What's wrong with using Kaspersky Anti-Hacker?

Discussion in 'other firewalls' started by AaLF, Sep 25, 2011.

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  1. AaLF

    AaLF Registered Member

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    This question was thrown up by a friend who is a conservative surfer. Who doesn't venture off the track to problem sites, doesn't play games over the net. Just uses the net for a bit of reading and posts in a few of forums. And very minimal shopping.

    She loves her anti-hacker console she understands it, its simple and has some visual style about it. She has adsl & windows XP and has a D-Link wireless modem/router. I suggested on-line armor free with no hips as it is simple and has a nice look and is up to date.

    She's going to mention it again when I see her. So really is there a danger for her retaining her 'good old' anti-hacker FW considering her fairly non-adventurous surfing habits?
     
    Last edited: Sep 25, 2011
  2. AaLF

    AaLF Registered Member

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    Since there has not been a reply yet, I'm chipping in with my own bit of nostalgia. Way back in the recesses of my memory I recall fondly my days with Sygate FW.

    So for my own peace of mind, I'd like to propose two oldies for a brief evaluation. Kaspersky anti-hacker & Sygate. I have ommitted ones like Jetico & Tiny etc as they all required an understanding of FWs & the net. Anti-Hacker & Sygate were different. They had cute operator consoles that made the illiterate feel confident.

    So are Kaspersky anti-hacker & Sygate able to hold the line for conservative surfers with the norm for today, a wireless modem/router up front?
     
  3. farmerlee

    farmerlee Registered Member

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    I would say the only danger would be possible vulnerabilities or bugs in the software. I've seen quite a few people stick with older firewalls like sygate or kerio and they seem get by just fine.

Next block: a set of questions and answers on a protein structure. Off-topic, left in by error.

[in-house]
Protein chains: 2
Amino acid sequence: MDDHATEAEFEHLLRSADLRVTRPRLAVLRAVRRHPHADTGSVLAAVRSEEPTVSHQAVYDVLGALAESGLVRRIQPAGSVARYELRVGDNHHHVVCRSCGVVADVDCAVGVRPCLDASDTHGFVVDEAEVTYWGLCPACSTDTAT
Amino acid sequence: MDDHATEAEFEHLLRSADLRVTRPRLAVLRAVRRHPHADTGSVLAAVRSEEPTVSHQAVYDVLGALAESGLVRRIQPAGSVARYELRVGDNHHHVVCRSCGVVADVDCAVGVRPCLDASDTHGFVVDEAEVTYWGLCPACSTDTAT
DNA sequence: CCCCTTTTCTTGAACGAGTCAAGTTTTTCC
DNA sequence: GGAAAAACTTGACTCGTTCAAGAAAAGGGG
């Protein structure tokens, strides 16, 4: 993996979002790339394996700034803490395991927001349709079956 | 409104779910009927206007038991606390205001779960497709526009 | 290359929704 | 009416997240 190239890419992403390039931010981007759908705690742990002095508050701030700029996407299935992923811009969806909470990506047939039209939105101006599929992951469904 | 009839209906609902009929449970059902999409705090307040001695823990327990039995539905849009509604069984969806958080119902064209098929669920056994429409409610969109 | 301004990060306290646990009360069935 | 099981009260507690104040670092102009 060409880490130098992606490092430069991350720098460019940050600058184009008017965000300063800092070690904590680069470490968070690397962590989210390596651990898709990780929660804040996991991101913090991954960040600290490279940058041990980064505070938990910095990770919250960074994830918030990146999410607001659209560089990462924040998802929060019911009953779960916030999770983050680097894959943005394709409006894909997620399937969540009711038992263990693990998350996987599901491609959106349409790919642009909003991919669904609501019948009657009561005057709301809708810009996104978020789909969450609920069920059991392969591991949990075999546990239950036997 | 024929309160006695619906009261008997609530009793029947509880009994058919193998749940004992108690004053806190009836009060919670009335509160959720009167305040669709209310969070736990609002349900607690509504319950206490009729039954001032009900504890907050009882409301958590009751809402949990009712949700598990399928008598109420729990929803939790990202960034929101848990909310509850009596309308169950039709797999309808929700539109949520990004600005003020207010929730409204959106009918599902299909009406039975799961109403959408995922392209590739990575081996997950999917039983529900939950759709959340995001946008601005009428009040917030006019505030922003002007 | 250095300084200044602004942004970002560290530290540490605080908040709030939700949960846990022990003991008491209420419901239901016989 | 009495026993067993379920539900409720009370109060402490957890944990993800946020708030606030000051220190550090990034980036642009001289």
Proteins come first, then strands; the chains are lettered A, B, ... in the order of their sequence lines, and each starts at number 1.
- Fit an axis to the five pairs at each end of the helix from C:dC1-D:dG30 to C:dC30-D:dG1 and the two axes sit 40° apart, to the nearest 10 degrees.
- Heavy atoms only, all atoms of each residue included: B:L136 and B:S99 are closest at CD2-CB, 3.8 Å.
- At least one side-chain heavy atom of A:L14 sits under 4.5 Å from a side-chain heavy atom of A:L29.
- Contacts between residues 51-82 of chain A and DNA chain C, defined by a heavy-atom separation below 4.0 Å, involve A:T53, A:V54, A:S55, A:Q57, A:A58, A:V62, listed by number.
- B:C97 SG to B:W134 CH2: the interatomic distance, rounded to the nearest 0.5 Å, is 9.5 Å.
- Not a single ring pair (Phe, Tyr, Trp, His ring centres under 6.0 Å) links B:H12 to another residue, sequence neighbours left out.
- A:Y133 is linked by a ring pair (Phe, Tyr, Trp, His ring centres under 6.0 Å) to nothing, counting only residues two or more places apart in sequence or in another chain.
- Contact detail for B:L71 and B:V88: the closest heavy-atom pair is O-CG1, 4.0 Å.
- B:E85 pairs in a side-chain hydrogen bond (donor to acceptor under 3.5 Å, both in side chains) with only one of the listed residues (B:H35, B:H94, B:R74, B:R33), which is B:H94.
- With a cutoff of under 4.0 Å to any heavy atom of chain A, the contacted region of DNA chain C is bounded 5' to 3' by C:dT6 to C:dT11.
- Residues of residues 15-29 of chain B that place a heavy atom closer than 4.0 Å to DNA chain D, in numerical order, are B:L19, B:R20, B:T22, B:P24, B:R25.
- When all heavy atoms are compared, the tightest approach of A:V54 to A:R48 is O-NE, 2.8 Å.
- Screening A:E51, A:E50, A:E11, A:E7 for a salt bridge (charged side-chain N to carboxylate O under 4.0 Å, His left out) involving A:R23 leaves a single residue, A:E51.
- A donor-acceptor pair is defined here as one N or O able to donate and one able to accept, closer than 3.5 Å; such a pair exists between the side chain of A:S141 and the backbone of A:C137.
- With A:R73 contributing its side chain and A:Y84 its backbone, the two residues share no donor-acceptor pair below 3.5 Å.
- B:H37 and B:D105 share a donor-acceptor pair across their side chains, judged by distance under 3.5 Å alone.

4. AaLF

    AaLF Registered Member

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    Forgot about Kerio's love-child, Sunbelt. Thanks, let's add Sunbelt to the mix as it also had a user-friendly console that was self explanitory and public/user-friendly.
     
  5. kerykeion

    kerykeion Registered Member

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    It would probably boil down to your mastery of the software, as long as you know how to modify rules, troubleshoot or tweak the program, I guess you're good to go. I mean, even if you're using the most state-of-the-art firewall software, but you're not familiar with it; in the end, the more obsolete software, which you are more comfortable using, would probably end up more "secure."
     
  6. fax

    fax Registered Member

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    ... however all your most sophisticated protection mechanisms may be rendered useless by just having one single outdated/vulnerable product ...

    Up to you to take make a decision based on the risk linked to the machine use and content.
     
  7. kerykeion

    kerykeion Registered Member

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    True that.
     
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